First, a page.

The great monsters of horror were first defined for the movies almost 100 years ago at Universal Studios when they ushered in the golden age of American horror cinema. They weren’t the first horror movies and they weren’t even the first adaptations of the literary horror classics, but they took hold of the public’s imagination, became hit movies and spawned both a genre and a universe of fantastical characters that coexisted.

Yes, decades before the Marvel Cinematic Universe was born, Frankenstein’s creature and Dracula and the Wolf Man crossed paths, teamed up and battled one another.

That wasn’t the plan to begin with.

It all began with Tod Browning’s classic “Dracula” (1931), which made Bela Lugosi the most famous vampire in the movies. It may be creaky, stiff and often stagy, but the first official adaptation of Bram Stoker’s novel will remain memorable for its gorgeous Gothic images; for Lugosi’s legendary, iconic performance; and for setting off the cinematic fascination with vampires. It may not be the definitive version, but it’s easily the most famous, a veritable cultural touchstone.

James Whale’s original “Frankenstein” (1931), with Boris Karloff as Mary Shelley’s tormented creature (he took the role after Lugosi turned it down), is the granddaddy of modern monster movies. The film buzzes to life in the magnificent laboratory “birth” scene. And if it never quite maintains that charged atmosphere, it builds to a marvelous climax with angry torch-carrying villagers and a fiery windmill inferno. Colin Clive is a twitchy, intense Dr. Frankenstein, mad with ambition and arrogance, but its heart belongs to Karloff’s haunted, childlike monster, whose plight never fails to move me.

Universal hit upon a winning formula — the Old World gloom of rural European settings and superstitions versus the can-do pluckiness of modern American heroes — and quickly solidified its hold on American horror cinema with such classic monsters as “The Mummy” and “The Invisible Man,” Edgar Allan Poe adaptations like “The Murders in the Rue Morgue” and Edgar Ulmer’s stunningly designed “The Black Cat” through the 1930s. But they kept returning to the well with Dracula and Frankenstein’s monster and added another in 1941: “The Wolf Man.”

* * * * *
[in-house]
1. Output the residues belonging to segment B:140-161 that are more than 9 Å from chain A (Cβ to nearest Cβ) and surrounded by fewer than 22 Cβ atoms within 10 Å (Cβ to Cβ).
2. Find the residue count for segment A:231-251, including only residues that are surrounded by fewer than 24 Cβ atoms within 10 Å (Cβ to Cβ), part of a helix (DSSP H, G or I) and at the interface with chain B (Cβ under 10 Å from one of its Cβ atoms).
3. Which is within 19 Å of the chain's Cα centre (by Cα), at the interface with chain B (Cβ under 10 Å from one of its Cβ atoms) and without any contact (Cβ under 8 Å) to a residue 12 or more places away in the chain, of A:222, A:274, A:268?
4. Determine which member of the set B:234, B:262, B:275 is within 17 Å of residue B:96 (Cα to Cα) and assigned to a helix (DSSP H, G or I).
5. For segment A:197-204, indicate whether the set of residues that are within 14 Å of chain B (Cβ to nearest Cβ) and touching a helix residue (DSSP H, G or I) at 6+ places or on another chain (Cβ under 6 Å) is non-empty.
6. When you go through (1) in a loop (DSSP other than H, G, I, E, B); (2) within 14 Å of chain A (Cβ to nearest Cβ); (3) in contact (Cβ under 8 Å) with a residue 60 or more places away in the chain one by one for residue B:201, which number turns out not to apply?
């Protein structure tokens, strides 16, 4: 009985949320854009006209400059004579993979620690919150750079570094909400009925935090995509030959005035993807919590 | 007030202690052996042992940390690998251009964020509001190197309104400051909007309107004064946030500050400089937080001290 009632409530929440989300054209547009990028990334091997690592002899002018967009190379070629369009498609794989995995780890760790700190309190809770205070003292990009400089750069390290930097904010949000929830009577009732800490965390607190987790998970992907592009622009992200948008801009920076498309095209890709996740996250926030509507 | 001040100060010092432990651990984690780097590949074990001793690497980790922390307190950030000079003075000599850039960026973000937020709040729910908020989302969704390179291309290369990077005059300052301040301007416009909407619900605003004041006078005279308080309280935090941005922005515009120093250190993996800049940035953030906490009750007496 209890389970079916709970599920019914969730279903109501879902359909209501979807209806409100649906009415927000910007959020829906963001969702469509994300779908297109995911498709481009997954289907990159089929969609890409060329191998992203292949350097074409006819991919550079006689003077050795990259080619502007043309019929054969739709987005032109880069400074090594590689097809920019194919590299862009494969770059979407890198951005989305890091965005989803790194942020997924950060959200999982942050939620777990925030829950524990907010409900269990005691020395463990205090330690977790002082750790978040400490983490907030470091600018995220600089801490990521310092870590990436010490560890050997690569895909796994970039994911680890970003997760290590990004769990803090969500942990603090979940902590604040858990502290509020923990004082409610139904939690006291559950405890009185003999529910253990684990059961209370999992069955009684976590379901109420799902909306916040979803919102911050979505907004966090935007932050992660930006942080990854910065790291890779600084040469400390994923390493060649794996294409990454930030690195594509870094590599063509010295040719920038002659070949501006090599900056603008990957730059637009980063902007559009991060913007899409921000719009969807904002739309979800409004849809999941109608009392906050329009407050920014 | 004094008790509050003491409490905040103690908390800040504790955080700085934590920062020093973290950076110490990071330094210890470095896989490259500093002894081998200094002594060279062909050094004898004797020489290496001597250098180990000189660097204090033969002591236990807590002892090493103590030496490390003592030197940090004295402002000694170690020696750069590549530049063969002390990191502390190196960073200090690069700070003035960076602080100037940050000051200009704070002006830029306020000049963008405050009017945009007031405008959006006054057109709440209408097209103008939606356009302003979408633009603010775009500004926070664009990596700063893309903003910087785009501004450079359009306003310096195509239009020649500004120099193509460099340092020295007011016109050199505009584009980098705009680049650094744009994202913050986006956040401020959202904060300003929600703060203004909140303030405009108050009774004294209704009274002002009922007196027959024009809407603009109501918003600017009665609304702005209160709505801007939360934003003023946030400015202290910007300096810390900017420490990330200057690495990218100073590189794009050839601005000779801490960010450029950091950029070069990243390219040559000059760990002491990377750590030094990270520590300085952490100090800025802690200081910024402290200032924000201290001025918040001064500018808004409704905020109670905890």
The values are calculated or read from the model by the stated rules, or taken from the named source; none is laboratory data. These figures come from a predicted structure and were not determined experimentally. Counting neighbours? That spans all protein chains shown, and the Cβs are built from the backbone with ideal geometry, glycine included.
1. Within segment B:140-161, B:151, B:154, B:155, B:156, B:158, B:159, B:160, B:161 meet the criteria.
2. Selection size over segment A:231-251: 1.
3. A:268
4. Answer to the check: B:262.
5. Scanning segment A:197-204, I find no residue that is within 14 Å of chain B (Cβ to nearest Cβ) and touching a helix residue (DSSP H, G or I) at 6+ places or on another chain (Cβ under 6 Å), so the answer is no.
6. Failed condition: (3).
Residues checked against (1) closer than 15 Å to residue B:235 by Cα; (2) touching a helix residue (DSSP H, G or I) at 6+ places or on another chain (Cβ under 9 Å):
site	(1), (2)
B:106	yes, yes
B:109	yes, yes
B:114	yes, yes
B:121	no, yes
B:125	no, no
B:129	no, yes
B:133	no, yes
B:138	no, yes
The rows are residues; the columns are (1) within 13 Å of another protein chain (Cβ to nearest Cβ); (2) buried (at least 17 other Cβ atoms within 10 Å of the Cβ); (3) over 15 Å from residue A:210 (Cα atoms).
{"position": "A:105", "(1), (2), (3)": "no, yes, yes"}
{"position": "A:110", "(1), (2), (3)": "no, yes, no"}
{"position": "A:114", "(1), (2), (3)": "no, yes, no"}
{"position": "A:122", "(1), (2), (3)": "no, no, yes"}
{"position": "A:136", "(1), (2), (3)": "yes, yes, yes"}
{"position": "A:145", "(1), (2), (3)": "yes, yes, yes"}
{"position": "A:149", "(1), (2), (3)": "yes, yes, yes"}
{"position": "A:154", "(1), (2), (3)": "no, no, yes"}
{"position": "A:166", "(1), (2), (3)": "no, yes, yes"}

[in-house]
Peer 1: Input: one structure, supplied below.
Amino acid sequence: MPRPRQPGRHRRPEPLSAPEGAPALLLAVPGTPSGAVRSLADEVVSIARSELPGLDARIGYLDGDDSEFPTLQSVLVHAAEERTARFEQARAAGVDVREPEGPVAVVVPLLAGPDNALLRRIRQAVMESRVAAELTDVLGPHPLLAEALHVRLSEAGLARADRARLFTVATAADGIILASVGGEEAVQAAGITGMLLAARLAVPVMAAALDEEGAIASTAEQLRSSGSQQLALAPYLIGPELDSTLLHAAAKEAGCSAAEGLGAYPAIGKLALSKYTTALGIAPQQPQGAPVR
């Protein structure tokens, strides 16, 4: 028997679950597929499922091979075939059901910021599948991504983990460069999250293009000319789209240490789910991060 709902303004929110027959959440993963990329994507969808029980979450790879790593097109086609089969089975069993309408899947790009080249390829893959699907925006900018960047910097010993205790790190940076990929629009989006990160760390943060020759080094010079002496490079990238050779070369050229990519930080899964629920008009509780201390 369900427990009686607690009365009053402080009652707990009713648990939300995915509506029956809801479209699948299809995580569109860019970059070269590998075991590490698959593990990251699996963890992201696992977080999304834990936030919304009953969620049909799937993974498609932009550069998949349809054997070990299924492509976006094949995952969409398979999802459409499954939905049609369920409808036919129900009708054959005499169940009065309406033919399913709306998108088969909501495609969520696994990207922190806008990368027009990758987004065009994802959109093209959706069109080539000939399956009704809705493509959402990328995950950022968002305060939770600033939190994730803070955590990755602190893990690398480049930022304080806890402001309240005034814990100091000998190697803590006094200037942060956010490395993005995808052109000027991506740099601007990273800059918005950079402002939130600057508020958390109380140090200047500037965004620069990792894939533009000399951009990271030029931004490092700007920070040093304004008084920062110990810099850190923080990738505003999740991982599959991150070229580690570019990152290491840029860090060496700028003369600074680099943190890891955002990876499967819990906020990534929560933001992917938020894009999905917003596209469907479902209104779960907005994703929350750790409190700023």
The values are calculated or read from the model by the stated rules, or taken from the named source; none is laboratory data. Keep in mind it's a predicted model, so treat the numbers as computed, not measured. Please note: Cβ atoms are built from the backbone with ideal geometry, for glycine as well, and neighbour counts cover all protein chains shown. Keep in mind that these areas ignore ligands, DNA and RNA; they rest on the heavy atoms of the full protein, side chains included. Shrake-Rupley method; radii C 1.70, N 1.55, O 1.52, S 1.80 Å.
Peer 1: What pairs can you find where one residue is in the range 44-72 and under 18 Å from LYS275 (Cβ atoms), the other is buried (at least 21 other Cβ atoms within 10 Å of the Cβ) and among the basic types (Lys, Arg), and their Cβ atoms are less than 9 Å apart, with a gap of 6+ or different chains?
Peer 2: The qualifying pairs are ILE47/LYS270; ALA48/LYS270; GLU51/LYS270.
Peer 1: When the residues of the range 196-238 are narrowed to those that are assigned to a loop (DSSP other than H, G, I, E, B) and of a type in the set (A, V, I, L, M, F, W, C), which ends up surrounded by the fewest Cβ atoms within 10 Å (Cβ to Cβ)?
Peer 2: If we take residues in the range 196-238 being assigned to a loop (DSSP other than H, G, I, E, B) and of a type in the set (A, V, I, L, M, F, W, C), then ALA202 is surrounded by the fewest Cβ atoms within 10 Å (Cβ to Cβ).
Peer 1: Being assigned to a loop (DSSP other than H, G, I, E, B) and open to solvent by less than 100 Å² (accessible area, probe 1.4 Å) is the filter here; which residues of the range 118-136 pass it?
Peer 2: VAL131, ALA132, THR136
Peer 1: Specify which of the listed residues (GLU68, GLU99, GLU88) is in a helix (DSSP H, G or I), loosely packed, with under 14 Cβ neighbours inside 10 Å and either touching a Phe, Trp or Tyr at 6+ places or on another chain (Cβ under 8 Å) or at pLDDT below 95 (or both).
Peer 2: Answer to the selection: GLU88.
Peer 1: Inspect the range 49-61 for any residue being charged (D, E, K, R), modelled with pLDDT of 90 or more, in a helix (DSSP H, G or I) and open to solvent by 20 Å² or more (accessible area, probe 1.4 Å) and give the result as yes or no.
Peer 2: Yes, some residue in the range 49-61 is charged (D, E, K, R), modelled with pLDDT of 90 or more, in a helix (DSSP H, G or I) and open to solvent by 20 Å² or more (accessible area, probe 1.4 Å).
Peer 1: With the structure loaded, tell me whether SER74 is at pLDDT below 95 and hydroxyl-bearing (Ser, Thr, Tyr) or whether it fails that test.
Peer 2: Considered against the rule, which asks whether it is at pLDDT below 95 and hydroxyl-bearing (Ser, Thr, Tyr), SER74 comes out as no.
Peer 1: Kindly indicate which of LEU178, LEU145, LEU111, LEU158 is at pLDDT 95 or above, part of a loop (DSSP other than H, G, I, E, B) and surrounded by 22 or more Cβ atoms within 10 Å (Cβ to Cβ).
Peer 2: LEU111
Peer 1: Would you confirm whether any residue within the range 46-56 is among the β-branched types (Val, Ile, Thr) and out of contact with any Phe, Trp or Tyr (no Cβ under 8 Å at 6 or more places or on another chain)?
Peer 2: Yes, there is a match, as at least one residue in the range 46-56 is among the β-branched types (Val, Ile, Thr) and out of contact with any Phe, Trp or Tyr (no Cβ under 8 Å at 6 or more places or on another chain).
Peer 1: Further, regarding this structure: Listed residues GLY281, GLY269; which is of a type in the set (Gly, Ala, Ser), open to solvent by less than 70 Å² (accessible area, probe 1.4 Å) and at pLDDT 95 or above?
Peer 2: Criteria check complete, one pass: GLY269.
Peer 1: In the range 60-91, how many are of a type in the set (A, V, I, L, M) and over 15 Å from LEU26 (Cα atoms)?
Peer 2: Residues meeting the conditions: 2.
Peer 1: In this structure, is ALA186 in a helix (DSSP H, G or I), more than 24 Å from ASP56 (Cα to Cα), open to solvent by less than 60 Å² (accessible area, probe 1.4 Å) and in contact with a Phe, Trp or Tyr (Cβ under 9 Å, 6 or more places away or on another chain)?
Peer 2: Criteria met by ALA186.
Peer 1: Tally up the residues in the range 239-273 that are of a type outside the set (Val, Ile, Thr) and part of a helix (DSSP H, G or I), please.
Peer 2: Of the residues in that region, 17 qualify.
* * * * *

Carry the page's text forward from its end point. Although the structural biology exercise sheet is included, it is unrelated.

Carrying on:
Lumbering Lon Chaney Jr.’s tortured portrayal of a good man cursed to turn into a savage killer every full moon helped transform the studio’s second werewolf film into a classic. (The first was “The Werewolf of London,” with Henry Hull, in 1935.) The film itself is a bit lumbering, too, even at 70 minutes, but the star-studded cast — Claude Rains as his father; William Warren and Ralph Bellamy as his father’s best friends; and, most memorably, Maria Ouspenskaya as a woman who reveals his curse and Lugosi as a fellow cursed soul — gives the B-movie material a theatrical sheen, and the Gothic gloom of misty forests and moonlit nights provides all the necessary mood.


But the return visits began years earlier, starting with “Bride of Frankenstein” (1935), a delirious sequel that tops the original. Karloff speaks and Elsa Lanchester hisses under a shocking hairdo, but Ernest Thesiger almost steals the show as the droll Doctor Pretorius. It’s the pinnacle of Universal horror: the quintessential mad-scientist laboratory sparks back to life for a horror tale both poignant and darkly humored.

When Lugosi refused to return as Dracula, Universal came up with “Dracula’s Daughter” (1936), a sleek, stylish horror picture that actually opens on the last scene from “Dracula,” then turns into the tale of his aristocratic “daughter” (Gloria Holden), who is seeking a cure for her affliction. The cut-rate knockoff is actually quite elegant, even if it, too, often loses the mood in an overbusy plot.

Karloff makes his final appearance as the monster in “Son of Frankenstein” (1939), revived by the Frankenstein heir (Basil Rathbone) and a twisted, vengeful Ygor (played by Lugosi, with a sinister malevolence) and taught to speak. Lionel Atwill co-stars as the one-armed constable out for vengeance against the creature who crippled him (Mel Brooks lampooned him wonderfully in his loving parody “Young Frankenstein”). It lacks the Gothic splendor and macabre humor of Whale’s originals, but Rowland V. Lee’s handsome production remains an intelligent, well-made classic of the genre and Universal’s last great Frankenstein film.

It was also the last time Universal paid any attention to continuity. A hallmark of the Marvel Cinematic Universe is the way the stories have been carefully plotted out across multiple movies. The Universal horror series was basically made up on the fly, with a rotating cast of actors taking over iconic roles and past history rewritten or simply ignored as the films were relegated to the B-movie units and rolled out on increasingly smaller budgets.